I think one of the other challenges that we have is a future, where everything is automated and digital to digital, and devices auto-locate each other. I think there will always be a human desire and a need to write down something, or to say an actual address.

If you're using a digital map on an app and you don't actually need to tell anybody else about the location you're going to, then it's a digital to digital experience. You don't really need us. But if it does break down and there does need to be a person in that mix somewhere, that's when what3words is useful.

Alison: We have the same issue when it comes to the difference between static wayfinding, such as signage, and digital wayfinding that you can do on your phone. To be able to put a digital map on your phone, and follow it is very convenient. Yet there's something comforting about a static point of reference. On the day your phone battery dies, or you have no network coverage, or you can't get maps to open – that's when you need that static signage. We're a long way from a world where it's completely seamlessly digital and we don't need to worry about static wayfinding.

Giles: I think there's a general assumption that something comes onto the market, or something's invented, and it must instantly replace everything else. I use what3words; I send people a pin; I use a street address; I use all of those things. It's slightly different in different circumstances. Why wouldn't I?

We see the comfort in having a three word address versus a dot on a map, which doesn't have a name, and is kind of ethereal. It's a bit weird. But as soon as someone has the three word address of where they’re going, that gives them a certain amount of comfort.

Alison: There's a sense of permanence, and in a way because language is so important to humans. We do everything we do to communicate. We're social creatures. And having three words, instead of three colors, or three symbols, or three whatever else, provides a sort of comfort. It goes back to the primeval need to tell each other stories.

Giles: There’s definitely beauty in words. I think that people are built to storytell and to see meaning in things. So even though these words are random, you do find people clicking squares along their driveway going, “Yeah, that’s me.” People have even built apps to generate poetry based on the three word address squares that you walk through. It's the beauty of a GPS coordinate, a latitude and longitude, which is incredibly functional, but slightly devoid of personality. So there's a benefit to that, which makes it more memorable.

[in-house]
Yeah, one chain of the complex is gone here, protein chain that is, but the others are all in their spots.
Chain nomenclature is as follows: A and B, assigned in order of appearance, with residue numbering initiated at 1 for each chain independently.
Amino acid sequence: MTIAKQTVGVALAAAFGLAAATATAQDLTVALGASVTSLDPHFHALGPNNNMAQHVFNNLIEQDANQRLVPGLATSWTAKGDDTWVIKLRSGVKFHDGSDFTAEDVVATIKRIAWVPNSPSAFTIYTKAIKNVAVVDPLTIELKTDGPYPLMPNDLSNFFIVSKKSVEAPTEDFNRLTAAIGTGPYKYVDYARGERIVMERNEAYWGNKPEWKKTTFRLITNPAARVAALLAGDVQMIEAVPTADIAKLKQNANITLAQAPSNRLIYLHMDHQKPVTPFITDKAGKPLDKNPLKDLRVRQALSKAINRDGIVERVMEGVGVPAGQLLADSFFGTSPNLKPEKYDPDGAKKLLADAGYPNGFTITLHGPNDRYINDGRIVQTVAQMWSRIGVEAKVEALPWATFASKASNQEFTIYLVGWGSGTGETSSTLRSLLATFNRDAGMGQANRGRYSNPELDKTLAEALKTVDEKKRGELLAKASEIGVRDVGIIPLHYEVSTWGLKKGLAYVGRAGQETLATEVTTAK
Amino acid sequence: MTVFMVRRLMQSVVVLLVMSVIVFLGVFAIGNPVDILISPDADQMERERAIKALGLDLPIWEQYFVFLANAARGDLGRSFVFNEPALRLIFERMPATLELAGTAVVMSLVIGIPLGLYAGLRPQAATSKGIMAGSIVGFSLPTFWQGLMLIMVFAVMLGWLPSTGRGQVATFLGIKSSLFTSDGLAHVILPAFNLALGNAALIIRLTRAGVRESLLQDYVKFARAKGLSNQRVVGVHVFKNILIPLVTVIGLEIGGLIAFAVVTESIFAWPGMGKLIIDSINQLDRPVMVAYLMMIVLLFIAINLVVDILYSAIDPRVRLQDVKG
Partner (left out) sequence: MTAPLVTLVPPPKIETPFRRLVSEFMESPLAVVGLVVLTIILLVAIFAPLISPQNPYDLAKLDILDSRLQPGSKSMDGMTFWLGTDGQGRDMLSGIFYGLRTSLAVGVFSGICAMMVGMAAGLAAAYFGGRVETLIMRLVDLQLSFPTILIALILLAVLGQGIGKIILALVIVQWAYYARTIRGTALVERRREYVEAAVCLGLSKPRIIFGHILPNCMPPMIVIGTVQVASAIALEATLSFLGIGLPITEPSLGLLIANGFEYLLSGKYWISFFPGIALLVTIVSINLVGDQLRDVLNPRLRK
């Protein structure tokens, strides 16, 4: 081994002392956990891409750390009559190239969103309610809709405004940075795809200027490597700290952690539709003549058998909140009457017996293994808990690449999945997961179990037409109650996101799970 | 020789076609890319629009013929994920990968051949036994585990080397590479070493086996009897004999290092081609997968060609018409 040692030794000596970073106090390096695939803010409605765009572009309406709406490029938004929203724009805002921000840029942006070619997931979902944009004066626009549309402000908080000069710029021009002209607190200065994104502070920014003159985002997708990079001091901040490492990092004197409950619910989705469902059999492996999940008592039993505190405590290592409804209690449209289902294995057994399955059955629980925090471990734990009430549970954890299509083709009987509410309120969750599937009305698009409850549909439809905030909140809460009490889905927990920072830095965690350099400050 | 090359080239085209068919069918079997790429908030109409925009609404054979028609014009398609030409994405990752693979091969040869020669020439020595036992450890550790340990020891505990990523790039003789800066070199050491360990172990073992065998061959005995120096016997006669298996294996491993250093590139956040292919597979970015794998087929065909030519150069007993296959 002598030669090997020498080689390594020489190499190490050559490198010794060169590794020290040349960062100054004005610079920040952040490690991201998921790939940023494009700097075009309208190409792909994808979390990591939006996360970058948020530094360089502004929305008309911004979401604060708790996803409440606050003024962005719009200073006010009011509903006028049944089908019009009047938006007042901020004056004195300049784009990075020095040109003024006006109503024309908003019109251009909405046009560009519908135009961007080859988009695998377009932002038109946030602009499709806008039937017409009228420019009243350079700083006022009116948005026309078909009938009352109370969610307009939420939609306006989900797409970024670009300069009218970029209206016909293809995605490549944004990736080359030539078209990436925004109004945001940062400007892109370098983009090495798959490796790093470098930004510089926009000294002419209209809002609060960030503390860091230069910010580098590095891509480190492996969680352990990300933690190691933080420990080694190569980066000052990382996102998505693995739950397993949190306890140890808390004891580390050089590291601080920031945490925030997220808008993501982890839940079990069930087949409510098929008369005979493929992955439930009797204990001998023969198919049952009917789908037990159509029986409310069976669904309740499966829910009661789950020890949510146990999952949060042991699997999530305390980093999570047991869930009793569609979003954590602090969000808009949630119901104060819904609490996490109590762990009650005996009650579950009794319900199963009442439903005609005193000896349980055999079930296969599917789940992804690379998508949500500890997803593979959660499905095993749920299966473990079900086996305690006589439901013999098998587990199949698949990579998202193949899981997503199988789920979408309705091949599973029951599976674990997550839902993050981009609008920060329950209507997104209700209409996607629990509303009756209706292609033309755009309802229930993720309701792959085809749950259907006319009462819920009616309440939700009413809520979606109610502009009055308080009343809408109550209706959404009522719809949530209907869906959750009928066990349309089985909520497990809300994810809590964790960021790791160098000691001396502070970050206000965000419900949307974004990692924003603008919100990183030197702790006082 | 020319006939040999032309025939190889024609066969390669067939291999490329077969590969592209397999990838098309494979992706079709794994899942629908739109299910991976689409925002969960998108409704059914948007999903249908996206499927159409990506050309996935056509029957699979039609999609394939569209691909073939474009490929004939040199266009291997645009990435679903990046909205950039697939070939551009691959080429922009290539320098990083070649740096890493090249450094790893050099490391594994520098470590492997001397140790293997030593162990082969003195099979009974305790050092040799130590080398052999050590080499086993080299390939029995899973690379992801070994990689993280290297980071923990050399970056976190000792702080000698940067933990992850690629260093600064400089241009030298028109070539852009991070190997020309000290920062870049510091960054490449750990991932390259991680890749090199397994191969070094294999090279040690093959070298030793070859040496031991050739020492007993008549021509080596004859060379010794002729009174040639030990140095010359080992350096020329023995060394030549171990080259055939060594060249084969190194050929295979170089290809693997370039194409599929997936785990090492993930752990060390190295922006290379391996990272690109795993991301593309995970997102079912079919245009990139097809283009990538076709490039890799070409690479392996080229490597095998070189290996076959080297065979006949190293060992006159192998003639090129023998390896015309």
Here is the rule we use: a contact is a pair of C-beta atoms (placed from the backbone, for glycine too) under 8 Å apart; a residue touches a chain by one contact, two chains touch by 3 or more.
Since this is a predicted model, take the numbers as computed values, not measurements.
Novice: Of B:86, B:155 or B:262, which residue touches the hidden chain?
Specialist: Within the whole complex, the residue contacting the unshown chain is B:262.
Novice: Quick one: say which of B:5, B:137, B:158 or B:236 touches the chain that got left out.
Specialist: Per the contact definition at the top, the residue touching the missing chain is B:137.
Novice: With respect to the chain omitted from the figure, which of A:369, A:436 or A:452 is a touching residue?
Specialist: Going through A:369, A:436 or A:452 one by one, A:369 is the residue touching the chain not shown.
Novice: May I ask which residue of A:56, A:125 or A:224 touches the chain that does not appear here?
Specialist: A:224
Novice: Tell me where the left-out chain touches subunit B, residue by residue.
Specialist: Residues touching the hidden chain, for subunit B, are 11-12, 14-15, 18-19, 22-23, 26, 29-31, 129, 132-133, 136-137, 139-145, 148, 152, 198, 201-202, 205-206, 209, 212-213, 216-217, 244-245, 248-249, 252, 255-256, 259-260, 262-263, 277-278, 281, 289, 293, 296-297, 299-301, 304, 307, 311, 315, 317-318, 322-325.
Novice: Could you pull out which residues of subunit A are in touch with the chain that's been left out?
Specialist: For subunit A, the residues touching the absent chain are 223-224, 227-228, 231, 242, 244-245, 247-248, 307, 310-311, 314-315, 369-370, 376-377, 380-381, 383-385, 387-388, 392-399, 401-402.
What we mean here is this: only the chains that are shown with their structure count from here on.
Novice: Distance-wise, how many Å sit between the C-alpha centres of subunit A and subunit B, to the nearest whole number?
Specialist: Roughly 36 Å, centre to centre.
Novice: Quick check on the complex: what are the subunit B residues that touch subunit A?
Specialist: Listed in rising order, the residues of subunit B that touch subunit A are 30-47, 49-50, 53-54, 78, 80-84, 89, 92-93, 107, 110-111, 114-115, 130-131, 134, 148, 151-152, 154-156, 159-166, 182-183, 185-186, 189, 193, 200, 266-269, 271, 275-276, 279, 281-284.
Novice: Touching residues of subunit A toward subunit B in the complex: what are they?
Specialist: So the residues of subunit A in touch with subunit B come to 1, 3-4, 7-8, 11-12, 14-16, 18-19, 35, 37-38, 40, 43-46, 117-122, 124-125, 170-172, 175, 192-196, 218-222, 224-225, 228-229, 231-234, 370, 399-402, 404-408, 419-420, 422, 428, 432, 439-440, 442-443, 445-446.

Alison: In the UK in particular, we love an ‘Acacia Avenue’. We infer meaning from our street address. And it does create a sense of comfort. That’s why there are people whose job it is to worry about getting the names of streets right. Because it has a meaning, and it provides kind of almost a layer of branding, for want of a better word.

Giles: There is an interesting thing in the naming of streets. And obviously, we're used in conjunction with street names, so we don't change the meaning of an area. There's something around democratising addressing. You cannot change our system. You cannot buy words. There's a kind of democracy to it in that it's broadly randomly assigned.

It will be interesting to see if it affects the price of land in certain areas. So for example, dairy.milk.chocolates is in Nebraska. There are some interesting three word combinations out there that might feel particularly fortunate for a country, or they might be particularly important for a brand.

Alison: What applications are you seeing for what3words in the built environment?

Giles: What we're seeing in terms of wayfinding, is a combination of buildings, offices, and apartments starting to use what3words. Developers and construction companies are using it. And then on the other side of the ecosystem, we've got delivery companies and taxi companies accepting a what3words address.

We've got a number of different very good use cases, but there's not one particular use case. It’s actually a kind of universal system that is useful for a variety of purposes.

Alison: And finally: has anyone named a building after the what3words address?

Giles: They have indeed! The Birch (, a hotel 30 minutes outside of London, has done exactly that.